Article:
It’s the CIO’s nightmare scenario. The chief executive boots up on a Monday morning and spits coffee and pastry as he struggles in vain to find the essential application feature once close to his fingertips. The look and layout of a vital business program has changed with a software upgrade and now the company’s most important end user gets trapped in a confusing array of menus.
This is a typical argument used against changing application or operating system layouts. Apparently ROI projections will disappear in a puff of smoke as productivity plummets and IT resources get jammed up with helpdesk calls.
But the launch of Windows 8 is a confession by Microsoft that change is more important than familiarity. Who can blame them? And the good news is we can now (finally) start to focus on which operating system delivers the best business case and technical features (things a CEO really does care about).
This blog series won’t be about rubbishing Windows 8. It will be a place to debate our alternative to the expensive upgrade cycle. We hope you will join it. But first some insight into why we want to have it now.
Businesses often point to familiarity as a big reason why Windows has remained the de facto standard for the computing. Why risk a user backlash? A seamless migration (if there is really such a thing) is the easy choice.
That’s why a section of the IT media reacted with astonishment when Microsoft rejected this mantra and unveiled plans for a radical new look and feel for this month’s launch of Windows 8.
The interface adopts a flatter, simplified look, initially dubbed Metro but now more prosaically called Windows 8 style UI, designed to unify Windows across smart phones, tablets and PCs. Some critics say Windows 8 makes sense for touch screens but is awkward on mouse-and-keyboard PCs and laptops (still the work horse for the majority of organisations).
There are lots of changes. One example is the replacement of Start menu with a Start screen with access to applications, calendar, email updates and management tools on a single ‘homepage’. It looks different and the way to get there has changed beyond all recognition.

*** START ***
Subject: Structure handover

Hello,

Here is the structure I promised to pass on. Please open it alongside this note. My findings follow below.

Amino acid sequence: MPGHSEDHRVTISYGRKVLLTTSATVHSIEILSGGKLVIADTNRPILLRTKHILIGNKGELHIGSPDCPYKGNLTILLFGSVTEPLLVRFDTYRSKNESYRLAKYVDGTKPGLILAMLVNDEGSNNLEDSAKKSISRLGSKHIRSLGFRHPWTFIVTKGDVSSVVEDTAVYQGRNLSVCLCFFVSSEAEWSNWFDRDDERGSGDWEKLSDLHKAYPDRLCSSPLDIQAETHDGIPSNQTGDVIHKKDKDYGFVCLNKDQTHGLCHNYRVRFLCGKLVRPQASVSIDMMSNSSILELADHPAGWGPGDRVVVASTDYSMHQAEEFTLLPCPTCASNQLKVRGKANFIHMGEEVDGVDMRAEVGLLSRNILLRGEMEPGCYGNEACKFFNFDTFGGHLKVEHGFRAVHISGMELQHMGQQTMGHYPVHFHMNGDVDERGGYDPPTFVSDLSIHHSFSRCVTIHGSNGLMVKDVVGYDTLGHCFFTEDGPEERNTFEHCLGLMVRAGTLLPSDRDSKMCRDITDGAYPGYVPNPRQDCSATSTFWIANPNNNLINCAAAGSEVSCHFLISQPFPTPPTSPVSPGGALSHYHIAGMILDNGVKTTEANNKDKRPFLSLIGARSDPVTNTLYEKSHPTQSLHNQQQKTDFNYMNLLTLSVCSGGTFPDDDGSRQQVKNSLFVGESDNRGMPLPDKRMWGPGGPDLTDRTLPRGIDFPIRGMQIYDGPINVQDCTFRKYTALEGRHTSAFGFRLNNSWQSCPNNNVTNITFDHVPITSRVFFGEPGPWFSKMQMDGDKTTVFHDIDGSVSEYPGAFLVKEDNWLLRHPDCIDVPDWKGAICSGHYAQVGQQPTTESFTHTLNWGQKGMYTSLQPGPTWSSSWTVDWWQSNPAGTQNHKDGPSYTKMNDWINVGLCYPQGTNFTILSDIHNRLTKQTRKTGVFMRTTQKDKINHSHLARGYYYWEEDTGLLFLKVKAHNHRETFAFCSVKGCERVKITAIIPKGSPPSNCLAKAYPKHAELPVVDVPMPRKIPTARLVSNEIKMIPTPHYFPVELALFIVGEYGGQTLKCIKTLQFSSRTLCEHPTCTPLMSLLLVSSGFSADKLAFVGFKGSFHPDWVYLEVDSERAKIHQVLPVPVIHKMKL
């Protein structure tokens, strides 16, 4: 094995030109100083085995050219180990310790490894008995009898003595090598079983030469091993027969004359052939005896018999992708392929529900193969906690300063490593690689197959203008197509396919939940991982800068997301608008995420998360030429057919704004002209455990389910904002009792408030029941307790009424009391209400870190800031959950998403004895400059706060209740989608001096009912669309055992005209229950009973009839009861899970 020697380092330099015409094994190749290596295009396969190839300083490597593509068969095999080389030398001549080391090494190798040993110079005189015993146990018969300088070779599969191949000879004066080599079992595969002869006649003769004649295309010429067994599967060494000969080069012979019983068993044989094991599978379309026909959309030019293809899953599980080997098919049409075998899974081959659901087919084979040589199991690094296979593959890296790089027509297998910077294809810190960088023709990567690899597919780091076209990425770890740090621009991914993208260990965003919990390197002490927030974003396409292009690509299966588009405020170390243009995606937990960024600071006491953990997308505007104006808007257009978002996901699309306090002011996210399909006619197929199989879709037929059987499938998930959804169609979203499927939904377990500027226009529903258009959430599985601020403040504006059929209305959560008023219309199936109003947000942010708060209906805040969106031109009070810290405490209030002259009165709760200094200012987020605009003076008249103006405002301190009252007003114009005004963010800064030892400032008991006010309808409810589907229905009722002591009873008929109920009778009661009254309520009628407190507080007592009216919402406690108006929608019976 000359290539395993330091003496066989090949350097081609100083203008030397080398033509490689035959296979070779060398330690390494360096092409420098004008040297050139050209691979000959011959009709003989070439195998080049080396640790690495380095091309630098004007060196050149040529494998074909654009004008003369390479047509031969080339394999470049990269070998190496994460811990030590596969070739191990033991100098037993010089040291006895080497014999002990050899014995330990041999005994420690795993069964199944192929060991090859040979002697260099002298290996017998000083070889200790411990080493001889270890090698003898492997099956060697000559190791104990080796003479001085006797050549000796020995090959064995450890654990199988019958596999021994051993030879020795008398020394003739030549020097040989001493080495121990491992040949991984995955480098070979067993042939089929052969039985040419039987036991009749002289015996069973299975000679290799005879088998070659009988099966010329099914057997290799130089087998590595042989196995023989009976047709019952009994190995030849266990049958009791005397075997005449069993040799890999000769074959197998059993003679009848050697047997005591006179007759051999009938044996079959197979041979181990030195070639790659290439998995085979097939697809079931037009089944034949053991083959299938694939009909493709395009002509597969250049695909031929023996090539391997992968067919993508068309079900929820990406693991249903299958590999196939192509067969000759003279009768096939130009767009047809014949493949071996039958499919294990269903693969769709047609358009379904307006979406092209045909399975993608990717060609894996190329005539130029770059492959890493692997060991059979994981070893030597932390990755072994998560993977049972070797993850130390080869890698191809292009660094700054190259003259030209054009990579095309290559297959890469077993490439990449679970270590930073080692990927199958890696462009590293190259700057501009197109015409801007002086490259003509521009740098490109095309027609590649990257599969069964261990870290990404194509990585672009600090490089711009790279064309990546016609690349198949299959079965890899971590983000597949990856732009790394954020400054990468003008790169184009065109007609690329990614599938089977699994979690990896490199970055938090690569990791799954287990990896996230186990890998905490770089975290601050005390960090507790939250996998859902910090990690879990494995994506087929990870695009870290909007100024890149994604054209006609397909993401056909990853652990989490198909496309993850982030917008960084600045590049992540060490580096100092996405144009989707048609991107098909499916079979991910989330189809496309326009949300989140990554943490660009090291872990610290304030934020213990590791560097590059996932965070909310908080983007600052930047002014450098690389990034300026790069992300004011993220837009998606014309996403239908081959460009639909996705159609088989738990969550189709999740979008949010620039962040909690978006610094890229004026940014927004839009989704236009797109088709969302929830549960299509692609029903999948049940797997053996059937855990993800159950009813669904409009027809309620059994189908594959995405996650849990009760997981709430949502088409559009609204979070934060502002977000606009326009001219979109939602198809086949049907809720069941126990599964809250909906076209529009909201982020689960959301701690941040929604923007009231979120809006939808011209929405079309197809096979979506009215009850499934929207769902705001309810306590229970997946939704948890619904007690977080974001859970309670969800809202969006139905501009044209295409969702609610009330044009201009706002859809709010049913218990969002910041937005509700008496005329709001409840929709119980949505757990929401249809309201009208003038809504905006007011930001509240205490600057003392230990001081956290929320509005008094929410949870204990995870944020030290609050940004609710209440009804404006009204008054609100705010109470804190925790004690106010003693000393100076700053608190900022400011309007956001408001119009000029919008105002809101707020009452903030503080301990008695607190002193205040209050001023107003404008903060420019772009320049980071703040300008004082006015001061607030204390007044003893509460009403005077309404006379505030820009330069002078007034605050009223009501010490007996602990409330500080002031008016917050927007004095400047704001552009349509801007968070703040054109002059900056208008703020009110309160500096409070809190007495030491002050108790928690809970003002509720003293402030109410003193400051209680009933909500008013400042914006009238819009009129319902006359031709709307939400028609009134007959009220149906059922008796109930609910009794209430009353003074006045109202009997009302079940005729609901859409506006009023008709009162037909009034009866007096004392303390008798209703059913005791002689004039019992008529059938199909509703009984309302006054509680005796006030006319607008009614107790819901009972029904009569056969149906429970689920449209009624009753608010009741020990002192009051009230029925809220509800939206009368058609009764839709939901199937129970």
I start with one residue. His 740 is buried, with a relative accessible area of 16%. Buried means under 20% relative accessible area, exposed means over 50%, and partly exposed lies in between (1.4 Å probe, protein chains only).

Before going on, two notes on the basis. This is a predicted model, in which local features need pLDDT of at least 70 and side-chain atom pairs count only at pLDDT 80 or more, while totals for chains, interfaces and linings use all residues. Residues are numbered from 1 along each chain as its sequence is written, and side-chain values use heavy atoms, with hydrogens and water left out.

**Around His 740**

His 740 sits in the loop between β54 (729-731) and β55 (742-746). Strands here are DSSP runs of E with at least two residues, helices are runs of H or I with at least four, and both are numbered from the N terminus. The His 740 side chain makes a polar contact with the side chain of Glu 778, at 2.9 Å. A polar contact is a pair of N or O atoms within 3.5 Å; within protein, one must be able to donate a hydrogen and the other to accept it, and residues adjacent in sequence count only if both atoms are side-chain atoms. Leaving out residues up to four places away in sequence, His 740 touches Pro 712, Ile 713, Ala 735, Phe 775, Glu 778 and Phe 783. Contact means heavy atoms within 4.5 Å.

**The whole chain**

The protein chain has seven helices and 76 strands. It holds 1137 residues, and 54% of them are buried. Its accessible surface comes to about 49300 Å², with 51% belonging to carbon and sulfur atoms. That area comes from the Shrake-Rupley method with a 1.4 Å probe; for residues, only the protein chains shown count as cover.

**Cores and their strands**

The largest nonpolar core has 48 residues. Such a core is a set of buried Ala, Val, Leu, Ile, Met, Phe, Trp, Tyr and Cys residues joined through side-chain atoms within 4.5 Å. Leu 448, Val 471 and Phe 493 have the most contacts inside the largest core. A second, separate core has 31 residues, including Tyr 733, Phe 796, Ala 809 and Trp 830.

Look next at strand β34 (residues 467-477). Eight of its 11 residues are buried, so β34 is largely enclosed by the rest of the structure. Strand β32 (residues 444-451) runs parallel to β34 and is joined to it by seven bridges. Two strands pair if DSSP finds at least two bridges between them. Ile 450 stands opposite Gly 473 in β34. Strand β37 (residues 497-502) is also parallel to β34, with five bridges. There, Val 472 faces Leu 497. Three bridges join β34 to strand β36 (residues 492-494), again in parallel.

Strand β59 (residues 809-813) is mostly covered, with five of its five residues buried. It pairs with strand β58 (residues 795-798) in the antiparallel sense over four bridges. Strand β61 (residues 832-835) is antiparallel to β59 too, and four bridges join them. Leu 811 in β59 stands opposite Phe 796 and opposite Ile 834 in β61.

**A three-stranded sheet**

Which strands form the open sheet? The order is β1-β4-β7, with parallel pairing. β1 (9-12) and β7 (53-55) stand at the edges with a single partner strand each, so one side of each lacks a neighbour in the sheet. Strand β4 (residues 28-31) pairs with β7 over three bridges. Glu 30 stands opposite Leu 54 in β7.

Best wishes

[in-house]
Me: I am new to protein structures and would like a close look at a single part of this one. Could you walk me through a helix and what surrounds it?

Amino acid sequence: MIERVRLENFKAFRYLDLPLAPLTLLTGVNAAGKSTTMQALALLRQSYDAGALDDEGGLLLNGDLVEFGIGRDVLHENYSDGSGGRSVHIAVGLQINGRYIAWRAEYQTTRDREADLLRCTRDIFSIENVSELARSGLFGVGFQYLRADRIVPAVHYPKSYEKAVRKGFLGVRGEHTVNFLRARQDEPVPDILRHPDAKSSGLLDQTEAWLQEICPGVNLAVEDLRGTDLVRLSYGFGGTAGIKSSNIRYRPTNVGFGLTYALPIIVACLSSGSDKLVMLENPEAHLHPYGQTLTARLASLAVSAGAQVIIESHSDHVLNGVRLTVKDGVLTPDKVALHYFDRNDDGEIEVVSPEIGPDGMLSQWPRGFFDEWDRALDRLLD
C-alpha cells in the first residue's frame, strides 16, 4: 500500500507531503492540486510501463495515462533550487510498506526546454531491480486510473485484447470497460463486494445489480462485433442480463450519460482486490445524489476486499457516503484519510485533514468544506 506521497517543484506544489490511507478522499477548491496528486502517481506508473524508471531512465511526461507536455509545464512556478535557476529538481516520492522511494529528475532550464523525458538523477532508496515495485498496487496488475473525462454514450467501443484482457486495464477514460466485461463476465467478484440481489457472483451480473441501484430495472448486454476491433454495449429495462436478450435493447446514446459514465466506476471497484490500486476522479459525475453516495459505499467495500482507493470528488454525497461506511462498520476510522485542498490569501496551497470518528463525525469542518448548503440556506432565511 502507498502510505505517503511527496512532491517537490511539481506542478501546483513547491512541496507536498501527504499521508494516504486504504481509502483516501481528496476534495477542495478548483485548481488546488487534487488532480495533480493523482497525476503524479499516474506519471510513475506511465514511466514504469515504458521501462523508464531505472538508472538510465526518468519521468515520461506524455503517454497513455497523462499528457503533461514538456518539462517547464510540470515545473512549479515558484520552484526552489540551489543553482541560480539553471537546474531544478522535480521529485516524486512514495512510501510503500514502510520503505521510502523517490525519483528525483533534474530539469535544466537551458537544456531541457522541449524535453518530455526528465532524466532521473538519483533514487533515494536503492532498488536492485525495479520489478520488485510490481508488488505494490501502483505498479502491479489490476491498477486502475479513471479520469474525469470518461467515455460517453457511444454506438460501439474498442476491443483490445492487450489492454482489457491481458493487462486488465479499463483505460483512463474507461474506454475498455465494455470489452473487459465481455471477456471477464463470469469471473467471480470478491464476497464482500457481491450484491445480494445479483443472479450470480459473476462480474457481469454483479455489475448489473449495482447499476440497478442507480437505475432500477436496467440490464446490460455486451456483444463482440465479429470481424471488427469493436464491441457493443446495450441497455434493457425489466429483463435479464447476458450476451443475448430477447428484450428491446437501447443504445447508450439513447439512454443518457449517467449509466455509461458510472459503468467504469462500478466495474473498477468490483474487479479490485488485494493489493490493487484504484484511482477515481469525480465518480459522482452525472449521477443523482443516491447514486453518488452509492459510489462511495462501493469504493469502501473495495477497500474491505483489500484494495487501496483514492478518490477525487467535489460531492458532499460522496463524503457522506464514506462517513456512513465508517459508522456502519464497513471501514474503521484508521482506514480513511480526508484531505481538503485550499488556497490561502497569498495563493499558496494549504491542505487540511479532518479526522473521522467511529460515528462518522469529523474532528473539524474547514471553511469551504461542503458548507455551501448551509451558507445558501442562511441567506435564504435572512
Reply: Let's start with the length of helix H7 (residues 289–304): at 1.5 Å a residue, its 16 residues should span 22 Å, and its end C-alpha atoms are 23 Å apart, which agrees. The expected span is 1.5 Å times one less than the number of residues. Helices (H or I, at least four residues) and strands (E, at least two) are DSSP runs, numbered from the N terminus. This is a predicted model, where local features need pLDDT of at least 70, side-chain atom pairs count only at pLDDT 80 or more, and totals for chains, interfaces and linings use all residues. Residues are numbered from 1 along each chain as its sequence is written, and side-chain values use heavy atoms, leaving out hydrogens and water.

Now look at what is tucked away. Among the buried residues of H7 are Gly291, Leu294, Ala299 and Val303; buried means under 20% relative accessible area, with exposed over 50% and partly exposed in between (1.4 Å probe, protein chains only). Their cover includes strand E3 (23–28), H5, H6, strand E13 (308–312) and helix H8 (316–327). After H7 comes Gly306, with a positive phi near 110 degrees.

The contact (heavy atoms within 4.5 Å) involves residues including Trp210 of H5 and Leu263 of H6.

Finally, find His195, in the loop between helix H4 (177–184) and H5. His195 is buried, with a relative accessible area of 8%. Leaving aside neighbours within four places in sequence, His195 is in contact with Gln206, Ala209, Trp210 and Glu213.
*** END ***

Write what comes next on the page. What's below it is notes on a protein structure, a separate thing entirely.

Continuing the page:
That’s why one blogger, Andrew Orlowski, described Windows 8 as a “severe disruption to the everyday experience caused by integrating Metro front and centre. The Start menu has gone, but pressing the Windows key now throws the user into a radically different environment with a completely different design, behaviour and even scaling.”
Other reviewers like the changes. “The Start screen and all the apps which share its modern UI, are beautiful to look at and great fun to use, but it is important to note that you don’t have to have anything to do with them,” argues PC Advisor’s Matt Egan.
And that’s the paradox. Why shouldn’t Microsoft look to change their user interface? The idea that familiarity beats a great user experience has always been flawed. Too much familiarity simply breeds contempt.
The bulk of users (especially enterprise users) are some way off Windows 8. In fact, according to StatCounter, a third of desktops still run Windows XP.
But there’s a well publicised trigger point coming: users of Windows XP will be forced to migrate as Microsoft support ends (for Windows XP support ends in 2014). The launch of Windows 8 signals that change is inevitable for an operating system to be fit for purpose. And that can only be great news for businesses desperate for a better deal on licensing and support.
If you’re running XP or Vista and planning a Windows migration, we hope to show you why it’s time to consider a rational argument for features and a more rewarding business case.
In the posts ahead we’ll outline why Ubuntu is easy to use. Why Ubuntu is changing things in the cloud with desktop client software. And why it’s proving invaluable to thousands of users in business, government and not-for-profit sectors around the world.
We look forward to debating with you. Starting with our next post on licensing complexity in a week’s time.
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